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Nelson "Nels" Guzman is being remembered as an iconic Atlanta street artist by his collaborator Chris Veal.

Chris Veal met Nelson "Nels" Guzman met by accident at an Atlanta paint store six years ago.

That meeting would lead to a collaborative partnership that would later make waves in the Atlanta street art community.

The two hit it off talking about a particular paint they both had an interest in using and decided to stay in touch.

"He came here from L.A. and I found out he did murals and stuff, too. He painted graffiti," he said. "I was like 'Oh, alright. I need to call him.'"

Guzman passed away two weeks ago after being struck and killed during a hit a run accident in Oakland, California. A GoFundMe page set up by his brother has raised $37,000 through 310 donors. He has three daughters.

Veal posted a tribute to his friend to Instagram on Monday.

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At the time they met, both men were street artists with an impressive background of work to their names. Veal said that working with Guzman came unusually easy.

"A lot of the times when you talk about painting with someone else, you'll butt heads a lot," he said. "There was literally no arguing or bickering. Everything with him always went smoothly."

Guzman was also known for his kindness and warmth towards his friends and family. When his sister passed away several years ago, he took in her kids. Veal said he could make the room light up with his sense of humor.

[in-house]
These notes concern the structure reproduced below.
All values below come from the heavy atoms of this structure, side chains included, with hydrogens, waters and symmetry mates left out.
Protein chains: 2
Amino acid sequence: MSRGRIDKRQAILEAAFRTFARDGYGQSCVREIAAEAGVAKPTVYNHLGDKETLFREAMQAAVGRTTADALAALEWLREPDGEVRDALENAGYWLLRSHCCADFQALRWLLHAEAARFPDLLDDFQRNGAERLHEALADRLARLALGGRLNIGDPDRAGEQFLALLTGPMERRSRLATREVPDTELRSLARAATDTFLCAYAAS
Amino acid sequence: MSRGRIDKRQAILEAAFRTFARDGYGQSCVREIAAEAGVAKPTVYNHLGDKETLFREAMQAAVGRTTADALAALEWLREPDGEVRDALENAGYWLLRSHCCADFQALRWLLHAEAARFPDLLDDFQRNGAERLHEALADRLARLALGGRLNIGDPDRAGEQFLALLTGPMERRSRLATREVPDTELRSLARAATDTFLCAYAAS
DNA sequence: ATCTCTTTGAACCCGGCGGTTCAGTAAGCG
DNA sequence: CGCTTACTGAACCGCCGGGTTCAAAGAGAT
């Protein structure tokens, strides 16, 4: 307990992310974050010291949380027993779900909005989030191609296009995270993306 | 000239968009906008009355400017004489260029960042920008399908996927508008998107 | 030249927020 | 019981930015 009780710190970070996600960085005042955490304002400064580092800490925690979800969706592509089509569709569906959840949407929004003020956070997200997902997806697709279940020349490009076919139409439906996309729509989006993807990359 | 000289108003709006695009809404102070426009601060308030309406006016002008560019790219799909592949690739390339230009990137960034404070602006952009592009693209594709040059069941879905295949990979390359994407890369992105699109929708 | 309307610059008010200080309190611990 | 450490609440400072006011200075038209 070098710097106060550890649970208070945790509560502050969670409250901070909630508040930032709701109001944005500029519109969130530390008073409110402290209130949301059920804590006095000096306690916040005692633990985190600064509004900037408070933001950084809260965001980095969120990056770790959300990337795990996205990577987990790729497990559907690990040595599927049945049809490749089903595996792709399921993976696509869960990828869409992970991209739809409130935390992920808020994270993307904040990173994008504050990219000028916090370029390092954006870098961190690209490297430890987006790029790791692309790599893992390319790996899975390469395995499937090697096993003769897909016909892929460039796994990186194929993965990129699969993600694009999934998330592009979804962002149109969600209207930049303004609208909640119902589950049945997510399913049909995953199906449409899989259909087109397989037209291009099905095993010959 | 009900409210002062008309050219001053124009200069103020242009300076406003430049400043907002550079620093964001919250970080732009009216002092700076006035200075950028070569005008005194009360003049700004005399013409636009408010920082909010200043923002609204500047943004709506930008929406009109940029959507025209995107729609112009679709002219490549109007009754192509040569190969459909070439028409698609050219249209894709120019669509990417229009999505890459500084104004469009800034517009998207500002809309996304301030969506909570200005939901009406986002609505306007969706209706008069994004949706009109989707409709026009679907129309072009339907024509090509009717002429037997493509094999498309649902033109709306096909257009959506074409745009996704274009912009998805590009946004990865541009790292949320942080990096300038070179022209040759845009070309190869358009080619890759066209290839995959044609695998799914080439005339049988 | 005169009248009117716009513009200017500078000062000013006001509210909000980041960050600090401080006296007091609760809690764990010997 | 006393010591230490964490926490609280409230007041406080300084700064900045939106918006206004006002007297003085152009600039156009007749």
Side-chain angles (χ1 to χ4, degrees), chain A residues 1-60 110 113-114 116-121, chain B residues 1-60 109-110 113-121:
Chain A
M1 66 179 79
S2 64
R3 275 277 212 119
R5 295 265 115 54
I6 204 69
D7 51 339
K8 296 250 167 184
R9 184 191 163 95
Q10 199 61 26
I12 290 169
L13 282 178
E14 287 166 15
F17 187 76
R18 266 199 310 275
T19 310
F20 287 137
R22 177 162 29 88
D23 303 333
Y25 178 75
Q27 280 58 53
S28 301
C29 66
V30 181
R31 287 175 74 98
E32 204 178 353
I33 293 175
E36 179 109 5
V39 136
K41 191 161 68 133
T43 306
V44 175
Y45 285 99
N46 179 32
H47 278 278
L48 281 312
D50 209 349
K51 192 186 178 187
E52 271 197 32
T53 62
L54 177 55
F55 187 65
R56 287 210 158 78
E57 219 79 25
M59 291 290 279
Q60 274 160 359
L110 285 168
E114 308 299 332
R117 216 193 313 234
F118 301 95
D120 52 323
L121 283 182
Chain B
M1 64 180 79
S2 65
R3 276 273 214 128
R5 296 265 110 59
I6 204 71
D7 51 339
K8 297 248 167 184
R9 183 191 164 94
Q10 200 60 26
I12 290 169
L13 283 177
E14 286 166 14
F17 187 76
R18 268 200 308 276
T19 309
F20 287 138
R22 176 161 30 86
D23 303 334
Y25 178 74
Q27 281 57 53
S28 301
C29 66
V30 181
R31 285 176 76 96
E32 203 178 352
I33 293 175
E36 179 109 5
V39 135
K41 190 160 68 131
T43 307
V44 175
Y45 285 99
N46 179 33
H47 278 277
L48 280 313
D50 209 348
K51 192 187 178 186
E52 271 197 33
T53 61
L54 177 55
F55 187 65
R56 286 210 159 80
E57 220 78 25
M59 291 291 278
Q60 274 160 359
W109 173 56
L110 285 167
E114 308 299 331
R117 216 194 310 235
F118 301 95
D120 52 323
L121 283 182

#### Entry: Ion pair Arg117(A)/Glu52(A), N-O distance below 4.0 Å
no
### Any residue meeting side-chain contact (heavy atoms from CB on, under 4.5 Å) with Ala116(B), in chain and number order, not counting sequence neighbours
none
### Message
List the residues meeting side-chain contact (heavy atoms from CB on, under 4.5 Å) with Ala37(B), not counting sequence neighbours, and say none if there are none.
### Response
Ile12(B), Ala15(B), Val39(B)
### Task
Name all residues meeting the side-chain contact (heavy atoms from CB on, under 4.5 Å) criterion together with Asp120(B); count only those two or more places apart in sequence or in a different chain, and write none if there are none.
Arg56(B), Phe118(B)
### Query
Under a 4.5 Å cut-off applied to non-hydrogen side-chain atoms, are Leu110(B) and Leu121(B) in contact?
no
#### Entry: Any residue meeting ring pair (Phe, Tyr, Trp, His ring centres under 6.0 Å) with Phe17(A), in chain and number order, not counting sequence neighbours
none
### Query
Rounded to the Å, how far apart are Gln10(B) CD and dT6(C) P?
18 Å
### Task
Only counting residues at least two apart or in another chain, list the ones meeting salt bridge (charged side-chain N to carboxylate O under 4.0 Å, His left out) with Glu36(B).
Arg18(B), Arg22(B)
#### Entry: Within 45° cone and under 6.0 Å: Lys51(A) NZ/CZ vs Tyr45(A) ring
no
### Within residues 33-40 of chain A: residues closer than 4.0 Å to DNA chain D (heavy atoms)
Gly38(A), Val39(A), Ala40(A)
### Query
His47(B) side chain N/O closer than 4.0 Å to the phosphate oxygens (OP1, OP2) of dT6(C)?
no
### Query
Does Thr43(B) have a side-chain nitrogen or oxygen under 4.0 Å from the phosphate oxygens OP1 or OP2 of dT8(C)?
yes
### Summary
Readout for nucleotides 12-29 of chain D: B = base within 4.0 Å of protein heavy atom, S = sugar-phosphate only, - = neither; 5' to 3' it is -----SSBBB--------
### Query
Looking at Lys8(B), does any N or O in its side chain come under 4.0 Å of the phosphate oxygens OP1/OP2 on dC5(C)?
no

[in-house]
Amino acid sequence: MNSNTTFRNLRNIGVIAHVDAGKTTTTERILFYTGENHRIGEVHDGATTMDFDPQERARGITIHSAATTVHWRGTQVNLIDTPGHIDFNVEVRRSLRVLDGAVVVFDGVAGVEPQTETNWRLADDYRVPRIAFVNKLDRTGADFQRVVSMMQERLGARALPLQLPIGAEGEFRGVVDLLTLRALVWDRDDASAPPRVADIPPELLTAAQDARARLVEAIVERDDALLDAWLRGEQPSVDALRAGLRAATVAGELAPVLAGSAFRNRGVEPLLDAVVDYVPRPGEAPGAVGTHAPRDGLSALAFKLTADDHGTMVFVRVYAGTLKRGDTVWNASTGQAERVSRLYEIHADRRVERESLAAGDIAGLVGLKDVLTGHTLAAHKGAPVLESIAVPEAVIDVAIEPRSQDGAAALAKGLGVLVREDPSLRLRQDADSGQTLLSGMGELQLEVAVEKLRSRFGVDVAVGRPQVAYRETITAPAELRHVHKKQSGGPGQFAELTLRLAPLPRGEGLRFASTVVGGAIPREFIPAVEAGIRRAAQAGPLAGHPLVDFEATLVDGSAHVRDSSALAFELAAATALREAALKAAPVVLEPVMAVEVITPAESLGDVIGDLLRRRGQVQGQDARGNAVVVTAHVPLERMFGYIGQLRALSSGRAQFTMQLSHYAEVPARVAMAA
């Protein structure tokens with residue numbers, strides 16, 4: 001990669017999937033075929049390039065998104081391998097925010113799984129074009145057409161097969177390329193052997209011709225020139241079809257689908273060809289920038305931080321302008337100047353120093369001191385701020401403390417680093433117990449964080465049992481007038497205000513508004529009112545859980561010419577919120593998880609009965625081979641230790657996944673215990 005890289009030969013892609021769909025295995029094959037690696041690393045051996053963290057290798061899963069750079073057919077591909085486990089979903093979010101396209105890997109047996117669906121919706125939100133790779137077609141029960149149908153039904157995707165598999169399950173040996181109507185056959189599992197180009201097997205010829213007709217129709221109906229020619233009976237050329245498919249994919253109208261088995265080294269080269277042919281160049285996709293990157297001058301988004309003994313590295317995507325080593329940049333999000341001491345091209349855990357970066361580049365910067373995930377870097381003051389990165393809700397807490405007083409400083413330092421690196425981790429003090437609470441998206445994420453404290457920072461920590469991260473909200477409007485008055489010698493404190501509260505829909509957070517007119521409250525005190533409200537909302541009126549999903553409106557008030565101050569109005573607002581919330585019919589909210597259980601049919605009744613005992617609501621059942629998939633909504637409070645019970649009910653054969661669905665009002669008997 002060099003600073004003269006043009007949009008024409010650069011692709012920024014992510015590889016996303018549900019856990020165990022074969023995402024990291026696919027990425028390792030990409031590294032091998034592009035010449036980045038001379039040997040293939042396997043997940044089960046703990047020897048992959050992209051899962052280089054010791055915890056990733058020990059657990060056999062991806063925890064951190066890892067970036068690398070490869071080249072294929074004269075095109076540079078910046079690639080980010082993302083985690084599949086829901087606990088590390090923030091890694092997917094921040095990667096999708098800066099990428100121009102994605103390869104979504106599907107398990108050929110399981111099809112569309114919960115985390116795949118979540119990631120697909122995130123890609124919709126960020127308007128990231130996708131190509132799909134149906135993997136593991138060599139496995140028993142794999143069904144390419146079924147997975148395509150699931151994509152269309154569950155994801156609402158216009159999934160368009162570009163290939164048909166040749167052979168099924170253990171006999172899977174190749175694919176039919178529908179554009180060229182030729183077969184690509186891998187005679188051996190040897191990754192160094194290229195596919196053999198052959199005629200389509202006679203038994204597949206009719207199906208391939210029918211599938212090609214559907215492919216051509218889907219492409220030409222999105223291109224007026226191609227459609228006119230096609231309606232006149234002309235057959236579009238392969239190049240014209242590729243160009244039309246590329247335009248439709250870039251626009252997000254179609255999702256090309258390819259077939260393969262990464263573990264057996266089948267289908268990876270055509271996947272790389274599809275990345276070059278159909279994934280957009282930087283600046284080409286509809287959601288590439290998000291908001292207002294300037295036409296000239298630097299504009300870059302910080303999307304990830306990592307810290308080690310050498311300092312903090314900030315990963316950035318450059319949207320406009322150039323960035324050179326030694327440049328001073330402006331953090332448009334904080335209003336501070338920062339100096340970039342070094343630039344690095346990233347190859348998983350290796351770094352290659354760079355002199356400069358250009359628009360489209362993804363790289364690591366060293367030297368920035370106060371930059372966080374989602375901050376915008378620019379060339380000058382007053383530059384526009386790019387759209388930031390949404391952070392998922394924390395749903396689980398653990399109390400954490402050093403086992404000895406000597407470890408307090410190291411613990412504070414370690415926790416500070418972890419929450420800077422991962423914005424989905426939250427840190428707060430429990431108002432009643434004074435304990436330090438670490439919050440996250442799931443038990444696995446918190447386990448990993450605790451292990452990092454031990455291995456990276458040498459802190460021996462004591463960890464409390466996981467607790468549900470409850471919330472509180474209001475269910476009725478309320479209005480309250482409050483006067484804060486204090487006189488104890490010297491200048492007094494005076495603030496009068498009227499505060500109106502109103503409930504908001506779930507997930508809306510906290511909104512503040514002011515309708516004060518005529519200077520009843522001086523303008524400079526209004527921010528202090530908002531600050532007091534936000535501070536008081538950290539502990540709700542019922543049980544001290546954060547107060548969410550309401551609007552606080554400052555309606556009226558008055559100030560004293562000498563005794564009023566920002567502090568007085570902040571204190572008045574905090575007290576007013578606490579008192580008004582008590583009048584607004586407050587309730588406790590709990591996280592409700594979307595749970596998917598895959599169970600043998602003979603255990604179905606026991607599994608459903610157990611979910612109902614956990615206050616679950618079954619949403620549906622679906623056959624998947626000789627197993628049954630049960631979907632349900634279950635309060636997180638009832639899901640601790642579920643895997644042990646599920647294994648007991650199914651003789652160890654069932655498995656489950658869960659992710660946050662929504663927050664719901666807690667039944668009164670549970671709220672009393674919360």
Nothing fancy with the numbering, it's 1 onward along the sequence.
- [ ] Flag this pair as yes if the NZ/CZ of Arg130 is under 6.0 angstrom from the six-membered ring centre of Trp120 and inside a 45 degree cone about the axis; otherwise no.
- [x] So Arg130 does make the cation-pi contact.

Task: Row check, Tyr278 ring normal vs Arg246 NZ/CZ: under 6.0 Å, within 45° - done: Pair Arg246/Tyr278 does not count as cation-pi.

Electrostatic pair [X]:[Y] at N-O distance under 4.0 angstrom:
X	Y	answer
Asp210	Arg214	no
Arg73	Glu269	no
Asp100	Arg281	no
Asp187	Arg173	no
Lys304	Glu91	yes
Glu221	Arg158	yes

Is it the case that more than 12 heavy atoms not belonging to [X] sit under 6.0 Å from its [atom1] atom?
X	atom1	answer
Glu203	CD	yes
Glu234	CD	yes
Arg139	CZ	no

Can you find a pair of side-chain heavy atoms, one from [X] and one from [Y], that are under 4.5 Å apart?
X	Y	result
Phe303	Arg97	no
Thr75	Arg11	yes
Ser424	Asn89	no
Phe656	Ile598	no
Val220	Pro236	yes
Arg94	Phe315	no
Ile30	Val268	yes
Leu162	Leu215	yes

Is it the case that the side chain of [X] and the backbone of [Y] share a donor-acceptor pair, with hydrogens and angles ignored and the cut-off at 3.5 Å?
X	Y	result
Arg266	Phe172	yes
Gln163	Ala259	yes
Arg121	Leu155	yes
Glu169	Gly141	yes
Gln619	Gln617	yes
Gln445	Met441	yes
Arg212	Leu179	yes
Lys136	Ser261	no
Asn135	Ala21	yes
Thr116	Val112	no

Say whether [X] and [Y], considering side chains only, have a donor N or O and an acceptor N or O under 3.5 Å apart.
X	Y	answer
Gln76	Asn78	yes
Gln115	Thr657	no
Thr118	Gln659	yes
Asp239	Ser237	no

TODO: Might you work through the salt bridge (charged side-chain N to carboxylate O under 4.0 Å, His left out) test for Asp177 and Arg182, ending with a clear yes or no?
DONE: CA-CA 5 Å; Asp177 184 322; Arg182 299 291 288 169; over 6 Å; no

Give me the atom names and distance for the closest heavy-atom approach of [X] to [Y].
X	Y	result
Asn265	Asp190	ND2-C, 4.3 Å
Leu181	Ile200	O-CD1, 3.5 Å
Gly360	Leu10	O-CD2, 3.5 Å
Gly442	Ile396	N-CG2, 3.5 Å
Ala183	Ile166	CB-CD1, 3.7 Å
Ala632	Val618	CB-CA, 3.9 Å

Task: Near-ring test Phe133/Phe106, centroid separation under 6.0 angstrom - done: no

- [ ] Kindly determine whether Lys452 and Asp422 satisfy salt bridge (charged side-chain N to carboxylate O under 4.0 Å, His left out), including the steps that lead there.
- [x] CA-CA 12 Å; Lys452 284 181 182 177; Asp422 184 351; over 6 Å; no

"If you were around him, you were probably laughing," he said. "He was such a standup guy."

Veal and Guzman would go on to make national headlines earlier this year for their graffiti mural depiction on the Belt Line of "Baby Yoda" from the Star Wars television show The Mandalorian.

True to their friendship, the project came about when they realized they both had the same idea and had both already bought green paint.

"It was nice to have something new with Star Wars that I could enjoy again," Veal said. "Plus, I really love painting stuff from pop culture.”

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The character, known officially as "The Child", became a pop culture phenomenon after the show's debut. Veal said Guzman thought the attention around the mural was funny, but also flattering.

"I'll miss those times of just laughing about things," he said. "Just those moments after you finish painting and you're sitting with someone afterwards, planning what to do next."

Earlier this year, city officials said they had no plans to remove the Baby Yoda mural from the Belt Line.

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Nelson "Nels" Guzman (left) and Chris Veal worked as street art collaborators for six years.
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"If you were around him, you were probably laughing," Veal said. "He was such a standup guy."